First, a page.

Individual taxpayers are almost half as likely to be audited by the Internal Revenue Service than they were 10 years ago — likely meaning that tens of billions of dollars go uncollected by the Treasury Department each year.
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In 2019, the IRS audited 0.45 percent of personal income tax returns, down from 0.59 percent in 2018. That marks the eighth consecutive year of decline and the lowest percentage of audits conducted since 2002.
The decline in tax enforcement is a result of years of cuts in the agency’s budget. According to the Congressional Budget Office, the IRS budget is about 20 percent below the amount it received in 2010, when appropriations for the agency reached their highest level.
The reductions in funding directly targeted IRS enforcement -- though at 43 percent in 2018, it still received the largest share of funding -- which has coincided with a drop in audits. In 2010, for instance, the agency audited 0.9 percent of tax returns.
Over the last 10 years, the IRS has lost nearly 30,000 full-time positions in areas including enforcement and criminal investigation, according to the agency’s annual report, which provides a summary of its operations in the previous fiscal year.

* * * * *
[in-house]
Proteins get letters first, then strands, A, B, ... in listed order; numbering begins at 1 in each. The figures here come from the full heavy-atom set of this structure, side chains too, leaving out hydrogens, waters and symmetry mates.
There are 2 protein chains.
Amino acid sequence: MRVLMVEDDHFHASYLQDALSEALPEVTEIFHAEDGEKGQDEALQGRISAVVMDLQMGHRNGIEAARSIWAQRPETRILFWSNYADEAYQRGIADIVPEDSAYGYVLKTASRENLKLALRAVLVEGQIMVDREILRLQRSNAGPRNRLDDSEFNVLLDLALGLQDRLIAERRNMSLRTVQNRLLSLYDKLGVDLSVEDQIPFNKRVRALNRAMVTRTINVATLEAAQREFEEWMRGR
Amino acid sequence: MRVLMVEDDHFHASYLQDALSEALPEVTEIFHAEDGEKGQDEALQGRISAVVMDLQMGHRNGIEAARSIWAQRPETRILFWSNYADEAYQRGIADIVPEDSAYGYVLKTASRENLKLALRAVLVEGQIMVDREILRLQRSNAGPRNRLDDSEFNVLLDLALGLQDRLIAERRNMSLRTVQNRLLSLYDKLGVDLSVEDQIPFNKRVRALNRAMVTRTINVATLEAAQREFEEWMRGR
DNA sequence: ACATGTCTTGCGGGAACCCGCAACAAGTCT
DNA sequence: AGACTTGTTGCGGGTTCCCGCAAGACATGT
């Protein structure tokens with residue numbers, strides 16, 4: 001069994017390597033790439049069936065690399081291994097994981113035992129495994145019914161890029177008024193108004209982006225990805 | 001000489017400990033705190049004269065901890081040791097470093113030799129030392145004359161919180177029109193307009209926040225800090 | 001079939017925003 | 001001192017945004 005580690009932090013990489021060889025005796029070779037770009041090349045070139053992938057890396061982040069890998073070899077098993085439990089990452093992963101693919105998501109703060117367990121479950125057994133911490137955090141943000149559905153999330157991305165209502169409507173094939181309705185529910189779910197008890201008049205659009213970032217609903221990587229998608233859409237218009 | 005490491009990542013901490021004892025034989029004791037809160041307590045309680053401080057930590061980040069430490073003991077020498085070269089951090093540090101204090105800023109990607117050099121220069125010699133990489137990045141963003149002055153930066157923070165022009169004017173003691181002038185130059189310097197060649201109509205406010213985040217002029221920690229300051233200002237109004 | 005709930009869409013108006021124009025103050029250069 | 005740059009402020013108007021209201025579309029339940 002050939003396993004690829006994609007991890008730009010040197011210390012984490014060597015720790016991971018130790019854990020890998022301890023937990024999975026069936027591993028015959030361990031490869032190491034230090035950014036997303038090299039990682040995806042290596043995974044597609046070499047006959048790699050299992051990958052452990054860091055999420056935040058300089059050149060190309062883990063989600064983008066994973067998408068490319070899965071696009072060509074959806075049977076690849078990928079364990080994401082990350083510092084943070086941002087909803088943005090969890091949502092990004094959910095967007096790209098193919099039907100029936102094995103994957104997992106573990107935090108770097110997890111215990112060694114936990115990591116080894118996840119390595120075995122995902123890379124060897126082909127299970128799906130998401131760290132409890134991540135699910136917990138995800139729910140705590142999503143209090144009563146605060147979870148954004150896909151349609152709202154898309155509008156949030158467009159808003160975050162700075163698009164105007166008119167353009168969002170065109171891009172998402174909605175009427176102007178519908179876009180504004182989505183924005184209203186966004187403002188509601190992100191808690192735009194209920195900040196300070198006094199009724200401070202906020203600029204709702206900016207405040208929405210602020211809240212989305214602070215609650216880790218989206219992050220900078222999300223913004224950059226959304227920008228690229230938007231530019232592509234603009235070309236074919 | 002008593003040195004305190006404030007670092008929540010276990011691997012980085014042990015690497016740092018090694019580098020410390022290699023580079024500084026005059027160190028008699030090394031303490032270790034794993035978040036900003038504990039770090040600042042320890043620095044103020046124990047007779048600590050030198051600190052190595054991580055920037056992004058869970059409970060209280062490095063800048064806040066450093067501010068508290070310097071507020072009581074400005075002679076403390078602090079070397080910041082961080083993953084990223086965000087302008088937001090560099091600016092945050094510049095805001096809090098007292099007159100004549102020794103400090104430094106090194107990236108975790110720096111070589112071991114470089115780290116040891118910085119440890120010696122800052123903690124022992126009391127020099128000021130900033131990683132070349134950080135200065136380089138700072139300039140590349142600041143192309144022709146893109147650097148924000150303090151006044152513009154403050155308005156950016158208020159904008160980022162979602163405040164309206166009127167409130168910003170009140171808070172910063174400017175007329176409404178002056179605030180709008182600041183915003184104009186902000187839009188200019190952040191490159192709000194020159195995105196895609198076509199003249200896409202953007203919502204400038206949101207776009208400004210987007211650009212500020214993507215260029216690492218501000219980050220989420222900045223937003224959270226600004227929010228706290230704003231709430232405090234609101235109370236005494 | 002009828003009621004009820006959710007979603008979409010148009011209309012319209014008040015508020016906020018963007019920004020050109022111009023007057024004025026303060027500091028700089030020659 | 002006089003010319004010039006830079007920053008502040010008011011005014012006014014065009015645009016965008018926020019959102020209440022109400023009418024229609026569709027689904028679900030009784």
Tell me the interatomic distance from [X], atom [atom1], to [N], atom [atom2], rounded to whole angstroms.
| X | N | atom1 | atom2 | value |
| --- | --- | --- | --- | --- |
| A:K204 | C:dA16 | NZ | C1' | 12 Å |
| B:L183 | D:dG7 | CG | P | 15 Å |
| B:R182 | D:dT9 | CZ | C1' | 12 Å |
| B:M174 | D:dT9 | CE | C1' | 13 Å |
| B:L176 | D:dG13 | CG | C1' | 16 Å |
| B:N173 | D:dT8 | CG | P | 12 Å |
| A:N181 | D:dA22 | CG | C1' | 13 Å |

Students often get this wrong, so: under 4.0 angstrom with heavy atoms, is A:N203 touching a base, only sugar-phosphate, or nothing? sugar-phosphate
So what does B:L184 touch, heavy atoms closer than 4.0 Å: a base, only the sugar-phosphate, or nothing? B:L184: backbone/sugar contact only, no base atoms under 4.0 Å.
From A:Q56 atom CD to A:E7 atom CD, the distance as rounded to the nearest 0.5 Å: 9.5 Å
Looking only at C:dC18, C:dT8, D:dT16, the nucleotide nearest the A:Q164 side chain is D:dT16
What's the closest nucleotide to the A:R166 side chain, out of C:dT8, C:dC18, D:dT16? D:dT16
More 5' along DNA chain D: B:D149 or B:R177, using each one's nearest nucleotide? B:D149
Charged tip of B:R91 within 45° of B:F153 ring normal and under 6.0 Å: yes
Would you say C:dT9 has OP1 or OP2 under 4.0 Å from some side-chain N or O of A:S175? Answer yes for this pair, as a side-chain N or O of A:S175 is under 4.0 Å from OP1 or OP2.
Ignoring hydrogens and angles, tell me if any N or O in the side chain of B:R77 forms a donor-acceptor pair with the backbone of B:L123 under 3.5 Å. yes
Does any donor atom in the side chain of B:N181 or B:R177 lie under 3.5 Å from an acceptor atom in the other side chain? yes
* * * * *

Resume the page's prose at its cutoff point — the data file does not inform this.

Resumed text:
“These losses directly correlate with a steady decline in the number of individual audits during the past nine years,” the report said.
Although employment at the agency grew to about 78,000 workers last year, it also anticipates that up to 31 percent of its current workforce -- roughly 19,719 full-time employees -- will retire over the next five years, “creating a significant risk of a large knowledge and experience gap for the nation’s tax agency.”
“Another 20 percent cut in IRS auditing,” said Harvard University economist Lawrence Summers, who served as Treasury secretary under President Bill Clinton. “America is giving away tens of billions a year to tax cheats by cutting the IRS, even as its responsibilities grow. This is madness.”
According to a report from Summers and University of Pennsylvania Law School assistant professor Natasha Sarin, the IRS could shrink the tax gap by around 15 percent by increasing investment in additional compliance efforts. Most of the non-compliance benefits high-income earners because their income falls in opaque categories, like dividend income, capital gains and proprietorship income. The report found that taxes are paid on only 55 percent of income earned in some of these categories.
“Assuming immediate implementation, our estimates suggest that it would be possible to generate around $1.1 trillion in additional revenue in a decade,” they wrote.